Moving mountains

Trip Start Sep 01, 2005
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Trip End Dec 04, 2006


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Friday, January 13, 2006

Puerto Natales was reached after a flight down from Punta Arenas and then a bus up and is the starting point for treks in the Torres del Paine (Towers of Pain!!! echo echo echo echo) National Park. The place was laid back and we found a kooky hostel run by Omar and his sidekick Ajax the dog. With a great book exchange where we acquired the Chile and Argentinean guide, Omar happily sorted us out and got us on our way. With tents, sleeping bags, cooking stove and enough supplies to last 4 days and 3 nights we were ready to hike the "W" circuit. Named as such because the path looks like a "W", but due to bus scheduling we compressed our hike from 4 days to 3 days making our path look more like a "U" than a "W". We met a friendly French couple that had the same plan as us so we teamed up together to complete the circuit in ludicrous speed. Dropping our packs off at on of the base camps we power walked our way to Glacier Grey and back in next to no time. Well 7 hours including 30 minutes admiring the glacier. Up and down we went and images from "Lord of the Rings" entered our minds. Barely making it back to the base camp we refuelled on some instant noodles, before deciding that despite the fact that it was 9pm that we could still make another 2 hours on the trail to the next camp. Cutting it close we reached Camp Italiano at 10;45pm and scrambled to set up tent in fading sunlight (the sun sets at around 11) with only one torch that decided to die out jet just as the tent was planted. With no spare batteries we resorted to using our camera LCD screen for light when necessary and Amber managed to make a sandwich in pitch black.

The next morning was painful with muscles aching from the 9 hours of steep hill treks the previous day. Because of the rush to get to camp last night, we ran down steep hills with our full packs on, and incidentally I injured my right knee joint. Pain was settling in fast but we pushed on towards the Cuernos Del Paine. This scenery was amazing with lakes, abundant wildlife, dramatic mountains and fresh mountain water. This helped a lot as we were drinking like fish to keep hydrated since the weather changed hot and cold at random. With our spirits in tatters we urged the French guys (Alex y Humbert) to go ahead as due to my injury we were keeping them back. Joined by Virgil a fellow trekker from New York, we trekked with spirit and before we knew it, reached the crossroad - the high road to Chilleno which was another 1.5 hours away or the low road to Los Torres, only an hour down hill. We debated and figured if we didn't go up the hill now, then it would be virtually impossible to complete the trek tomorrow as it was too long; we marched on. Amber with her with sleeping maps tied onto her backpack made her look like Rocket Girl which seemingly propelled her up the mountains. Now the thing is that the track leads up towards the next hill and when you reach that it goes down and then up towards an even higher point. Over and over again, it was like on repeat.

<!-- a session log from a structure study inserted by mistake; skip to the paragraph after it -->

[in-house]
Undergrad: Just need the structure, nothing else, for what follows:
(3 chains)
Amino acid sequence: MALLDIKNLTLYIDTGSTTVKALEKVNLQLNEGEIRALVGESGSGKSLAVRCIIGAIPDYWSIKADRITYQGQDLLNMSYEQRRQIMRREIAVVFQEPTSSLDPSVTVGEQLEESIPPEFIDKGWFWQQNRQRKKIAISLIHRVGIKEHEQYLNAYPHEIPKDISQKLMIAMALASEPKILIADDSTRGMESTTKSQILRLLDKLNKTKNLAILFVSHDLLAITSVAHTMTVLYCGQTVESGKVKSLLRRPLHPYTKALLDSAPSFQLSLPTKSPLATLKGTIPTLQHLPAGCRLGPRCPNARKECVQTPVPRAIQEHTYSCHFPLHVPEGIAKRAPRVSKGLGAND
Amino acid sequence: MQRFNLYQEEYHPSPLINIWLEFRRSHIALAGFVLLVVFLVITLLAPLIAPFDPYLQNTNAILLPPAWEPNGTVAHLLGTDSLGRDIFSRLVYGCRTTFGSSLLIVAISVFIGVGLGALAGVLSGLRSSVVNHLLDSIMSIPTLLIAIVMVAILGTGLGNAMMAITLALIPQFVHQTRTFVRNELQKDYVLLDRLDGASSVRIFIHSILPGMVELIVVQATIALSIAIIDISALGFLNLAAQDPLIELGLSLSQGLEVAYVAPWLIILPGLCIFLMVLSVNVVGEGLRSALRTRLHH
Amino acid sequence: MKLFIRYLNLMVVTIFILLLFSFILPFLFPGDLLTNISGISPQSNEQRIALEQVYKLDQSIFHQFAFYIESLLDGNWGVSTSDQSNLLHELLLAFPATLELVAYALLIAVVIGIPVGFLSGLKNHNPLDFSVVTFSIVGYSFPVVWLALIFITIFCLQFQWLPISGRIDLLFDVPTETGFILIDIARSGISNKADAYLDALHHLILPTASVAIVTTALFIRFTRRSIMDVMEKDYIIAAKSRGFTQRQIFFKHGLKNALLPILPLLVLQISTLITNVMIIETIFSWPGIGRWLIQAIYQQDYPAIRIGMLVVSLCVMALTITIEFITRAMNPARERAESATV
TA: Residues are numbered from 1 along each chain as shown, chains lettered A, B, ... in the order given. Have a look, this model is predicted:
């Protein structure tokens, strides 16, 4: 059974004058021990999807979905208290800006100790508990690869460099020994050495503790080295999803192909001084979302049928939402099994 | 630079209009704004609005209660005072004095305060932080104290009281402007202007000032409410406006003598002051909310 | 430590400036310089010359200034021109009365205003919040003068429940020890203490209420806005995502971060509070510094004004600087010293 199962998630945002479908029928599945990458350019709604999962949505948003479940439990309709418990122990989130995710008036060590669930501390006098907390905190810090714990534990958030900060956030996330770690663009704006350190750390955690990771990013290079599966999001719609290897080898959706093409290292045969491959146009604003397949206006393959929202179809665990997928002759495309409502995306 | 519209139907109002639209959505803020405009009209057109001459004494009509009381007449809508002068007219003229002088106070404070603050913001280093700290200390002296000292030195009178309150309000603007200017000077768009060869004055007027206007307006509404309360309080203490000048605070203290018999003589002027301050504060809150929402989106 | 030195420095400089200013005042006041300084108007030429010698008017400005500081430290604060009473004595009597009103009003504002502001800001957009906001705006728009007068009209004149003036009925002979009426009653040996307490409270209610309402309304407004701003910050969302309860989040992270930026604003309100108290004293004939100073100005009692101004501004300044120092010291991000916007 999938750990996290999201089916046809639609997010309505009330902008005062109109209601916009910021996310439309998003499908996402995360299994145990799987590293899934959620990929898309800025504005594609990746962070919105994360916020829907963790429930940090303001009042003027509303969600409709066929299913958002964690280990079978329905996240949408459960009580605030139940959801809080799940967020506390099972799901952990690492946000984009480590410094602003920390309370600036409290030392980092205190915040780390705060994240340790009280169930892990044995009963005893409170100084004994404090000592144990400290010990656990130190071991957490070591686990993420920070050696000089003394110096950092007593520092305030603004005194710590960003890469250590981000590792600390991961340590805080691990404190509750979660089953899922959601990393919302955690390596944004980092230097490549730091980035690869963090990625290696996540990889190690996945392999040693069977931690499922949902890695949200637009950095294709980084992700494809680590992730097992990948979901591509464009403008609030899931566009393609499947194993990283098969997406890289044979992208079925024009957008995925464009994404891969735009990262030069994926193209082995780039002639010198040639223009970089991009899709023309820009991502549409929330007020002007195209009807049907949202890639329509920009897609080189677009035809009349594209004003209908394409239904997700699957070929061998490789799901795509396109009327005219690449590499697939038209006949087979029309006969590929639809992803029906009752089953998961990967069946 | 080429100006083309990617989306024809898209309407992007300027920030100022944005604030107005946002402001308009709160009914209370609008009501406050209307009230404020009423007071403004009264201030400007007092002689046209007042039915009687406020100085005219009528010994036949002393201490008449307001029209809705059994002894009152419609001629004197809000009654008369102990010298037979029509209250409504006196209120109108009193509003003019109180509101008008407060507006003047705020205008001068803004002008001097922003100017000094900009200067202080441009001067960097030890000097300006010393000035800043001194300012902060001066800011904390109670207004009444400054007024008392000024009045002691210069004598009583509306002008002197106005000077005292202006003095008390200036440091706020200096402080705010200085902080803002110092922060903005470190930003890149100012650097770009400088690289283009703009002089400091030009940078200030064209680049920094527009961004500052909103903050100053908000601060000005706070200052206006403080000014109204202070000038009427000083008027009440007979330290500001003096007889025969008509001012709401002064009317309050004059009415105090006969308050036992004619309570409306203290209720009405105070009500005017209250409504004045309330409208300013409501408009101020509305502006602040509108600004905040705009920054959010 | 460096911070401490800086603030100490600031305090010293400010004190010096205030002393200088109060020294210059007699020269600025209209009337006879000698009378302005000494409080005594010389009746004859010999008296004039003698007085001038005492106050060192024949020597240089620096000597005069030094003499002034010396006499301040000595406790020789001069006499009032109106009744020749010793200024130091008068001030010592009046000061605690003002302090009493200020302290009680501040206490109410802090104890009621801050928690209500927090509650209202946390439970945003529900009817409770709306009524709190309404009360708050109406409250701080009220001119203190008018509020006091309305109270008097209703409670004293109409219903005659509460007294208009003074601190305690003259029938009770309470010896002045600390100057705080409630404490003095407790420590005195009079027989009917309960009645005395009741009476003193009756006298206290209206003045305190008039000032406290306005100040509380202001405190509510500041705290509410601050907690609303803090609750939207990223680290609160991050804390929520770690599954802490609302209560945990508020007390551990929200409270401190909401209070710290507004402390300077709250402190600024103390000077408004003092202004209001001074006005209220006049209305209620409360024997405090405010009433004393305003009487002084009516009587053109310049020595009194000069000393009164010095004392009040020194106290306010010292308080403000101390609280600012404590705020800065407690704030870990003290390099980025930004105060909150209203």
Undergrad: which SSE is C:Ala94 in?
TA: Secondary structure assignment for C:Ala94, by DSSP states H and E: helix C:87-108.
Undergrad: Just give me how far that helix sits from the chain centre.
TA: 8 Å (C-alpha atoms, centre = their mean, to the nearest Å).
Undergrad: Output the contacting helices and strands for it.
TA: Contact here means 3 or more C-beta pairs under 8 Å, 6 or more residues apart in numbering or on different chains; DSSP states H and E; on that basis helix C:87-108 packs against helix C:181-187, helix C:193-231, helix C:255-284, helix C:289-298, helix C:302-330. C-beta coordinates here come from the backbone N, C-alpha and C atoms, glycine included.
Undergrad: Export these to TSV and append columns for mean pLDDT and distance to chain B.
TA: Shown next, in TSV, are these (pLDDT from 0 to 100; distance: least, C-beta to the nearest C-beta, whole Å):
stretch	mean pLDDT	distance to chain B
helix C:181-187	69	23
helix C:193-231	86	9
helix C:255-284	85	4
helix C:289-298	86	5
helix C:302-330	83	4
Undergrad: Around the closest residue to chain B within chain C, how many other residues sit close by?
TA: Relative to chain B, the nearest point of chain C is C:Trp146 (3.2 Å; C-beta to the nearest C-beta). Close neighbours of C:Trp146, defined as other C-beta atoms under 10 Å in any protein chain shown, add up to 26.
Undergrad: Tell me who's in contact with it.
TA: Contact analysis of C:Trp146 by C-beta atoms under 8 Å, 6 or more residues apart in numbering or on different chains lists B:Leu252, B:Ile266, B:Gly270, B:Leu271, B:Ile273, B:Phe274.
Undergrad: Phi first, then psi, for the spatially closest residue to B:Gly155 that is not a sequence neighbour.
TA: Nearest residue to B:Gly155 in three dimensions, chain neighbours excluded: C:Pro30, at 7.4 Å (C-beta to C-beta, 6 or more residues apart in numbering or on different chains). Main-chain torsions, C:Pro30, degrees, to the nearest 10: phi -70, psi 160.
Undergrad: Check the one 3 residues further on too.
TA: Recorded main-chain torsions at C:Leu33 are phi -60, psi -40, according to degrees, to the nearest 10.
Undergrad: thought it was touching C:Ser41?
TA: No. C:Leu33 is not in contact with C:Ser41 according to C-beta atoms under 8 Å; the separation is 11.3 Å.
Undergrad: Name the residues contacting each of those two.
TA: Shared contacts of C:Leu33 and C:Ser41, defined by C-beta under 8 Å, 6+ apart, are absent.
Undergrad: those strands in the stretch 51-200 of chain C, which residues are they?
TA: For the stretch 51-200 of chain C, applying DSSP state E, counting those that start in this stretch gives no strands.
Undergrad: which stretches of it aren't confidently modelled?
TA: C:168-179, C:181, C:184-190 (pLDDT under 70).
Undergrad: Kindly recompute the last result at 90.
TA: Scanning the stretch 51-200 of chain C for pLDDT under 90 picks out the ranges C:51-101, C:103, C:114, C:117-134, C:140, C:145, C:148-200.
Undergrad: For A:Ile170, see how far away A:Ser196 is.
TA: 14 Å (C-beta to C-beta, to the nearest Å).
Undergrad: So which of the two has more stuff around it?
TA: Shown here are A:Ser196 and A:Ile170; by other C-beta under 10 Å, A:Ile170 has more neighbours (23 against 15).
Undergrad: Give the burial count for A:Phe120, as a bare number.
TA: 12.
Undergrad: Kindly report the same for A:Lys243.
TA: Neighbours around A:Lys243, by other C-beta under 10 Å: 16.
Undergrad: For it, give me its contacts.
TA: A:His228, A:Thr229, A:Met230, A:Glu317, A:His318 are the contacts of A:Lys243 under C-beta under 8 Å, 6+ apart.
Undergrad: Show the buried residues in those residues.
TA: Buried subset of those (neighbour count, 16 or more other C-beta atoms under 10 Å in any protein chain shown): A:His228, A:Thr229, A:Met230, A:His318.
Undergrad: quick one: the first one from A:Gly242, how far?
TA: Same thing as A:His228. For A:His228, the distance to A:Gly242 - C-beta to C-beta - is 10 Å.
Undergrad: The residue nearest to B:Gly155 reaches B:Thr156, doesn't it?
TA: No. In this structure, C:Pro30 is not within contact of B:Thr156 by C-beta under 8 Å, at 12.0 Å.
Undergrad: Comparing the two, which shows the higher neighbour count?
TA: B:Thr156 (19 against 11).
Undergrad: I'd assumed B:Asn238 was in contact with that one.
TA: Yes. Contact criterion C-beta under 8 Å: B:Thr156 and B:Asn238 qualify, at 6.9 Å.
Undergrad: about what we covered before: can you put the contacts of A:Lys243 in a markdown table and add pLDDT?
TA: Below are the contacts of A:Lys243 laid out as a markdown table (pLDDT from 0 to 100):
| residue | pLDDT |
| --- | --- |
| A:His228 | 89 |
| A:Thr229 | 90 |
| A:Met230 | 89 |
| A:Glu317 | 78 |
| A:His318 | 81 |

Seven hours later, close to tears, aches and pains and legs that could not take a step more, we arrived at Chilleno camp and reunited with Alex and Humbert who were refuelling for their final stretch and minutes later by Virgil, no man was left behind. Alex and Humbert went on to the next camp to guarantee a sunrise the next morning, whereas we barely had the energy to put our tent up that night.

The 3rd and final day pushed us the hardest. Amber with her hurt ankles and sore back and I with my torn knee joints, we set off with Virgil at the crack of dawn to see the Torres del Paine after a cup of Cream of Spinach soup (portable stoves are the best thing ever). It took two hours with the last hour of climbing on all fours to reach the mirador. With shady rocks and random gusts of wind, there were parts where safety was an issue.

But once we finally made it to the top, it was worth it. With the wind growling the sight was breathtaking. I sat there opened my pack and chow-ed down on a packet of honeyed corn flakes and Amber with her well deserved piece of chocolate. The hike back was just as tough. Upon returning back to camp we found our tent surviving a wind storm - taking the tent down in that weather was almost impossible. The hike back was a nightmare - climbing steep sand cliffs some ready to give in any minute was scary and combined with the strong winds and our aching bodies, it was impossible to trek back. At times we almost gave up making our bus trip back but with the pain of the knee slowly subsiding due to the aches in the rest of my body rising and with every step it was like jumping off a flight of stairs and landing barefooted we made it down the hill determined. Cruel is the best way to describe what it felt like when we reached the hotel and asked where we could catch the bus back to town only being told to walk another 800 metres that way. With the wind in our faces it seemed like the longest 20 minutes of our lives. I knew I had it in me but I didn't realise that it would be so excruciatingly hard especially with the injury. Well done if I do say so myself. Three days, two nights and a 70 klms hike later we survived but only just. Respect to all who completed the U. You know who you are.

Sadly after returning to Puerto Natales we discovered that the bus we rushed so fast to get to was full so we made alternate arrangements to get to Punta Arenas. Not much was happening in the big town except that we got to taste some lovely Chilean Merlots and chow down on a home cooked beef roast that our new friends cooked for us.
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